An Unlikely Hero | Isaiah 53

Welcome to Real Life. What does strength look like?

Those who give much
without sacrifice
are reckoned as having given little.
–Erwin Lutzer

“Who has believed our message and to whom has the arm of the Lord been revealed?” Isaiah asks. Because the Word from God he’s about to deliver is not an easy one to believe. In Isaiah’s day, Jerusalem was surrounded by enemies and facing annihilation. God’s people were seeking a political messiah to swoop in and rescue them. Instead, God would send an unlikely hero. Not someone to save them in the moment, but the One who could save their souls for all eternity.

Who would God send? Not a Samson, but a man of sorrows, despised and rejected. It was our pain and punishment he bore.
But he was pierced for our transgressions,
he was crushed for our iniquities;
the punishment that brought us peace was on him,
and by his wounds we are healed.
Seven hundred year after Isaiah's prophecy, the arm of the Lord—his strength in reaching, rescuing, saving us—is revealed. It begins in Gethsemane. In anticipation of all he is about to suffer, Jesus Christ prays with an intensity that mingles sweat and blood. He is betrayed by a friend with a kiss. He is arrested by an angry mob. The Son of God is scourged, punched, whipped, mocked, and crowned with thorns. Bloody and bruised, he is forced to drag a wooden beam through the crowded streets of Jerusalem and up Golgotha’s hill. Nails pierce his hands and feet. He is crucified between two criminals.


 
This is God’s power? The arm of the Lord is revealed in pain and tears and blood? Yes. For on this horrible Good Friday, with his final breath, Jesus declares, “It is finished!” And the earth quakes.

It is finished. Our God is just. His justice demands a punishment for wrongs committed. The mountain of debt we have accrued from Adam’s rebellion through millennia of selfishness, immorality, and violence to the curse we uttered this morning has been paid in full with his blood. It is finished. The justice God required; he himself provided. The One who created us[1]  suffered to save us.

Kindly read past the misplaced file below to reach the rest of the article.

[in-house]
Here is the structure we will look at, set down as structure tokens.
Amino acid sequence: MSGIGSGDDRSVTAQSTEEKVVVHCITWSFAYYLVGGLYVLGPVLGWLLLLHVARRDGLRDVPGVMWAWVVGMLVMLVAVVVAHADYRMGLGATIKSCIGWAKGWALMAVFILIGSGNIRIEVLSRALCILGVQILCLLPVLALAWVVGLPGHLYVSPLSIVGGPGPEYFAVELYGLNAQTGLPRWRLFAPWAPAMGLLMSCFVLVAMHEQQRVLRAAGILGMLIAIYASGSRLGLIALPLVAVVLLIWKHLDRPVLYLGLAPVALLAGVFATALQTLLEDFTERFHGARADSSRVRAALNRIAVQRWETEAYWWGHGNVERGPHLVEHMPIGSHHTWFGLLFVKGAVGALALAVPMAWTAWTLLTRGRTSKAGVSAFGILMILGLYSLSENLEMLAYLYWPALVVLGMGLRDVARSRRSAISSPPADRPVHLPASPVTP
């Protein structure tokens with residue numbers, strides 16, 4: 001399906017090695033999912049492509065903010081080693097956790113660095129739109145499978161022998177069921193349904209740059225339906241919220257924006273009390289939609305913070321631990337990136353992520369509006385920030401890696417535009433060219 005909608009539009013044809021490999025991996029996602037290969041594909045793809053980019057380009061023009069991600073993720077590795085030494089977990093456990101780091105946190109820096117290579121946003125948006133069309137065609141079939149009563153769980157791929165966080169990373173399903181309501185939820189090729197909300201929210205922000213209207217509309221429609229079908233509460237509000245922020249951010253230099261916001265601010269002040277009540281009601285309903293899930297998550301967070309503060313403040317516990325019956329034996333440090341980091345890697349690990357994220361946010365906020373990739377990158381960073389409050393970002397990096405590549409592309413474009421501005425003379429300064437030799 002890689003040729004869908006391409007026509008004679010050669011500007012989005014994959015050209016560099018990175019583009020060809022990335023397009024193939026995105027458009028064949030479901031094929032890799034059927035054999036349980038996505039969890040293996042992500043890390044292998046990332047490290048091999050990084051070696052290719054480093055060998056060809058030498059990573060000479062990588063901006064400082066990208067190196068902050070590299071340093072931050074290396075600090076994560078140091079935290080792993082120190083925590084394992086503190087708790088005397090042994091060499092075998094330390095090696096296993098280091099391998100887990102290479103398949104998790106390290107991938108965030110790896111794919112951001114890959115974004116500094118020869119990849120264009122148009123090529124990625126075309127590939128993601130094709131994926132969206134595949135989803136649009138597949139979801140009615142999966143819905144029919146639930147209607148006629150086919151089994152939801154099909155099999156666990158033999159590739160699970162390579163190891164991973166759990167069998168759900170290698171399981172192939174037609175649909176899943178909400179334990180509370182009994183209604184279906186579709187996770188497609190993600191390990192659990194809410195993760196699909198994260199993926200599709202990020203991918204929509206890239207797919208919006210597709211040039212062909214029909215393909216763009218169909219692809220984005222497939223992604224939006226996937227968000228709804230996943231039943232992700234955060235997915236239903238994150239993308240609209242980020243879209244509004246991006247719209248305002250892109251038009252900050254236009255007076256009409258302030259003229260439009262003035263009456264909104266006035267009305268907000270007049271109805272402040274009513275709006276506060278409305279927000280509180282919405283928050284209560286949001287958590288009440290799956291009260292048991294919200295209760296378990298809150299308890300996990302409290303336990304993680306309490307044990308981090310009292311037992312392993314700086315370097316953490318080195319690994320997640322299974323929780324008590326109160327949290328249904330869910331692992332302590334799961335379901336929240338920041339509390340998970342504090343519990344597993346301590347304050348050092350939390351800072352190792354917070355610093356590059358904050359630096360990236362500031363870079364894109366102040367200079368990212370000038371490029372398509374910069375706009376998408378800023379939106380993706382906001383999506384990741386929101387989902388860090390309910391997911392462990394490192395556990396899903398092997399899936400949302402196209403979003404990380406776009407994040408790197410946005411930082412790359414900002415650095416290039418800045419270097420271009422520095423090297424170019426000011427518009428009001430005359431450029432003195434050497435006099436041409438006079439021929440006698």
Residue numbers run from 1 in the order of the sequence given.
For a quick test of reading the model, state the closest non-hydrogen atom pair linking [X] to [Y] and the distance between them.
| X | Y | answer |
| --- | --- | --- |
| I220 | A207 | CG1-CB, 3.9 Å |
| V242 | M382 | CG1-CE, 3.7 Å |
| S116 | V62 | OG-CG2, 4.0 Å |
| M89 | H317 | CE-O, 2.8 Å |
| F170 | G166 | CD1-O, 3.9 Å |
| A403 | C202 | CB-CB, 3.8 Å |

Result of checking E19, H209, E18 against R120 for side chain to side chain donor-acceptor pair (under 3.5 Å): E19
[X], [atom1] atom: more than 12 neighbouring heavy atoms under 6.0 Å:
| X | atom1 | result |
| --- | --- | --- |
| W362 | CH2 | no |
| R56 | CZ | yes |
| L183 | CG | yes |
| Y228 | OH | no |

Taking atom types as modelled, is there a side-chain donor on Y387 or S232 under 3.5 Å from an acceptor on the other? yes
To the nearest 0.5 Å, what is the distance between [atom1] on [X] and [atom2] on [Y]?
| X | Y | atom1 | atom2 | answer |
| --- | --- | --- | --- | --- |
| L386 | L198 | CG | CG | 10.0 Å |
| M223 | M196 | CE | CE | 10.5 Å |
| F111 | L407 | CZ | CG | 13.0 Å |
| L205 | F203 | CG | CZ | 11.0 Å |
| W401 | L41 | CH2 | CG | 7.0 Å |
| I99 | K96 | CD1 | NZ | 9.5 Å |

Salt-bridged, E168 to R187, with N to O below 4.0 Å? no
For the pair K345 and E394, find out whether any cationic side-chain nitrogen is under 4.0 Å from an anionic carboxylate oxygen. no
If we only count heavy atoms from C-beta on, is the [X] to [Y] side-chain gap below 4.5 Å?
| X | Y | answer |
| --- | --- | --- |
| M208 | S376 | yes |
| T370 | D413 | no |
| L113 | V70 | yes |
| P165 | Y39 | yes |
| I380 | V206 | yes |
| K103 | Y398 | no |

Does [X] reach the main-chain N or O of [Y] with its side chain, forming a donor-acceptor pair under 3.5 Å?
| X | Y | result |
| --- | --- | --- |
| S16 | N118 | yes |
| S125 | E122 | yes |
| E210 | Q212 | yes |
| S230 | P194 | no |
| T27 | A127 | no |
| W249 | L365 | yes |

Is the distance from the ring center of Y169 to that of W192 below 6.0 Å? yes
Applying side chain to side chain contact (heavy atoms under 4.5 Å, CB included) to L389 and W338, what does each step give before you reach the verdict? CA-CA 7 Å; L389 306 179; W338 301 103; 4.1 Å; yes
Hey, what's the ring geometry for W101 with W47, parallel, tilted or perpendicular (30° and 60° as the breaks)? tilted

We all, like sheep, have gone astray,
each of us has turned to our own way;
and the Lord has laid on him
the iniquity of us all.
From the cross, the arm of the Lord reaches down to rescue you and me. Good Friday, however, is not the end. Sunday is coming! This, too, Isaiah prophesied.
After he has suffered,
he will see the light of life and be satisfied.
Jesus Christ arose! "I am the Living One; I was dead, and now look, I am alive for ever and ever! I hold the keys of death and Hades," Jesus tells the Apostle John on the Isle of Patmos.[2] The arm of the Lord conquered sin, death, and the grave to free us from sin, death, and the grave. This unlikely hero saves us to the core of our being. Only he who paid our debt can offer to forgive us, wash the darkness, filth, and shame from our souls, and raise up beauty from our ashes. Only the source of love can heal us with his love. Nothing is impossible for him. This unlikely hero has transformed the cross—an instrument of cruel torture—into the universal symbol of faith, hope, and love. This is the arm of the Lord!